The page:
How can we tell if another universe has collided with our own? Physicists in Canada and the US believe they have the answer – it would leave “a unique and highly characteristic” imprint in the microwave background that pervades the cosmos. The physicists claim that the prediction can be tested using existing and future space telescopes, which contradicts a widespread view that the existence of a multiverse is untestable.
Chuck Bennett, an astrophysicist at Johns Hopkins University in Maryland, US, who was not involved with the study, believes the prediction helps bring multiverse theory into the realms of conventional, falsifiable science. “Science relies on being able to falsify ideas through experiment or observations of nature,” he says. “The fact that these potentialities exist enables us to call this ‘science’. That, to me, is a significant statement.”
The possibility of a multiverse comes from both string theory and inflation theory, the idea that our universe underwent a rapid expansion just after the Big Bang. Inflation theory does a good job of explaining why space is fairly smooth on large scales, but researchers can’t explain what started the expansion and what stopped it. These problems have led physicists to consider the possibility that inflation could occur at other places and times, generating new universes in addition to our own.
The idea of a multiverse is highly controversial. One problem is metaphysical: the universe seems big already, without having to contend with a potentially infinite number of others. Yet perhaps a bigger problem is scientific. If observations are limited to our own observable universe, how can scientists test whether a bigger multiverse exists? The answer to that has been that, from time to time, another universe in the multiverse might collide through ours, leaving a “wake” in its path. But figuring out precisely what such a wake would look like hasn’t been easy.
Now, however, Kris Sigurdson of the University of British Columbia in Vancouver and others say they have calculated the detailed features of a cosmic wake. They have considered the possibility that our universe collided with another before our inflation period, because, they say, the latter would have erased the wake’s evidence. Even though this happened more than 13 billion years ago, the wake would have been preserved in the cosmic microwave background (CMB), which was formed some 380,000 years into the universe’s existence.
Look for a ‘double peak’
The focus of the prediction is in the polarization of photons in the CMB. Photons have two transverse polarization states, and any that come from a certain region in the CMB might be mostly in the same polarization state, or in a mix of both. Sigurdson and colleagues calculate that, providing the wake was big enough, it ought to imprint the CMB with a characteristic “double peak”: two close rings where the photons sway towards a single polarization state.
The prediction is not strictly the first to arise from multiverse theory. In 2007 researchers at the University of California at Santa Cruz, US, also suggested that a cosmic wake could imprint itself on the CMB; then, earlier this year, a group led by Hiranya Peiris of University College London found hints that this prediction was true. But these predicted features were too vague, say Sigurdson and colleagues, and might have existed in the CMB anyway.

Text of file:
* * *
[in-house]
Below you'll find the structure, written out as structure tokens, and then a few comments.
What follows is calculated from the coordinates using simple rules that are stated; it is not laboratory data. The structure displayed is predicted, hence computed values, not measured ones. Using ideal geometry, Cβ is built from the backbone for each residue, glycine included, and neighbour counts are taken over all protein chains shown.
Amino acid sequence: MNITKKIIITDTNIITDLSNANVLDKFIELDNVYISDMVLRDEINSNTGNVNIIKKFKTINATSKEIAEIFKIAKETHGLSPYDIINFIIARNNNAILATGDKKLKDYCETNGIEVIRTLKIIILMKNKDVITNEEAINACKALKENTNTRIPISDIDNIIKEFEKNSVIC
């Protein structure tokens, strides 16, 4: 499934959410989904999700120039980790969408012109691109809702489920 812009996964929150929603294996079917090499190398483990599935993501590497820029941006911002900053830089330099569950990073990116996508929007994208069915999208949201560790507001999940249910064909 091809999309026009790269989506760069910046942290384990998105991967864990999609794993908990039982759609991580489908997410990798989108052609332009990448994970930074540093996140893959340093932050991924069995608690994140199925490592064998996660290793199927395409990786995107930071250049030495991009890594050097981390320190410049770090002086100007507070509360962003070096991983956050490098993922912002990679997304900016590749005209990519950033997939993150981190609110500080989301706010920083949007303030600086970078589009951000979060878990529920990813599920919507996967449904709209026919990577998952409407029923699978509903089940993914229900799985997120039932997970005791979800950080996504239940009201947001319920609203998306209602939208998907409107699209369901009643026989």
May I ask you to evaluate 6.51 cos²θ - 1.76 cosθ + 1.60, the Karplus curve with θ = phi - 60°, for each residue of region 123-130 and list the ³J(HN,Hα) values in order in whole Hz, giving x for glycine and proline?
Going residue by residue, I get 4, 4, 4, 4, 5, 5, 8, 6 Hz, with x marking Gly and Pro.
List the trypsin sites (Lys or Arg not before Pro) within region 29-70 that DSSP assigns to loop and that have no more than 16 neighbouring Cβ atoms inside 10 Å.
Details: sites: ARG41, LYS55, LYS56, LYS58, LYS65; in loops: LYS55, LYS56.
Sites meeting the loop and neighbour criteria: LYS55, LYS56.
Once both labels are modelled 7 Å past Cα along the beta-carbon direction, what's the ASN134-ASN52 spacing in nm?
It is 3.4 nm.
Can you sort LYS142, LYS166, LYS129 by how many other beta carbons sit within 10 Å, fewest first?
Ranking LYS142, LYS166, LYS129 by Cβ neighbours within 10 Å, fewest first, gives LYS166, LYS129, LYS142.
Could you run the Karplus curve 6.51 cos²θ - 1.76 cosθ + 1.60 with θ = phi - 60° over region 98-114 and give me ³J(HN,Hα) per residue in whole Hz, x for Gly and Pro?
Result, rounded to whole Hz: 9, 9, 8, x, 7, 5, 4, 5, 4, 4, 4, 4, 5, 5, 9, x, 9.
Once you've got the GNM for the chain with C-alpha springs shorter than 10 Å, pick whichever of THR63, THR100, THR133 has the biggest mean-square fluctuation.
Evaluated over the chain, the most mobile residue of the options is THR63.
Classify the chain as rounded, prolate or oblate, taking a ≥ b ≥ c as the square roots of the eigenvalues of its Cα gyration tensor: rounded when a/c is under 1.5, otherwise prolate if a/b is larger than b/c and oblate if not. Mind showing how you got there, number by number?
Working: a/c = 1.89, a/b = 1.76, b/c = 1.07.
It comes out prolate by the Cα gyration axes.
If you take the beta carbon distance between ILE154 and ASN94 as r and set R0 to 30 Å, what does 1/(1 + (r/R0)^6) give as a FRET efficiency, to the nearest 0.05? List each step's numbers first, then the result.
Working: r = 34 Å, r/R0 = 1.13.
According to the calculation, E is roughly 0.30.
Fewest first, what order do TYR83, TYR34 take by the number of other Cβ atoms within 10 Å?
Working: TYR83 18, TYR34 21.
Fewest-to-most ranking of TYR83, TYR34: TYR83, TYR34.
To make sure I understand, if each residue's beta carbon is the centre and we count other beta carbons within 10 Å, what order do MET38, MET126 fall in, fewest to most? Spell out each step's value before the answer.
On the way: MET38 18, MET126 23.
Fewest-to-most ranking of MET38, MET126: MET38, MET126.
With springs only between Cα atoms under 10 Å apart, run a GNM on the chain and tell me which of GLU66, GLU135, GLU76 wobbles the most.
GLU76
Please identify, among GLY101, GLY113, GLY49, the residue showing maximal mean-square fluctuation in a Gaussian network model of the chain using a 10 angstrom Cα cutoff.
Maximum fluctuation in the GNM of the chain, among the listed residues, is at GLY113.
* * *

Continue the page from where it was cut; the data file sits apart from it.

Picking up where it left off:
Evidence for string theory?
“[Our] features represent the first verifiable prediction of the multiverse paradigm,” write Sigurdson and colleagues in their preprint, which they uploaded to the arXiv server last month. “A detection of a bubble collision would confirm the existence of the multiverse, provide compelling evidence for the string theory landscape, and sharpen out picture of the universe and its origins.” Physics World was unable to speak to the researchers about their preprint because they are submitting it to a journal that employs an embargo policy.
If the prediction is correct, it should be possible to test it in upcoming data from the European Space Agency’s Planck space observatory and future CMB missions, say the researchers. Yet Bennett, the principal investigator on NASA’s Wilkinson Microwave Anisotropy Probe, another CMB space observatory, thinks the detection of a cosmic wake would nonetheless be “extremely unlikely”. He says the amplitude of a wake would have to be just right: too small and we wouldn’t see it; too big and it would probably have had severe consequences for our universe’s structure. The number of collisions would also have to be “fine-tuned”, he says.
Infinite number of wakes
“The claim seems to be that we might see one or two wakes in our sky, but why one or two?” he adds. “Why not none or an infinite number? In fact, if bubble collisions were common we would not be alive to discuss the question.”
Cosmologist Arjun Berera at the University of Edinburgh, UK, also thinks the idea of a multiverse – and by extension Sigurdson and colleagues’ prediction – is speculative. But he notes that a positive detection would be “spectacular”. “Such a case would offer suggestive evidence in support of string theory,” he says. “On the other hand, no evidence in the CMB data for a collision between two universes would not rule out string theory, it would simply extend the widely held belief in the field that string theory is unfalsifiable.”
The research is described in arXiv:1109.3473.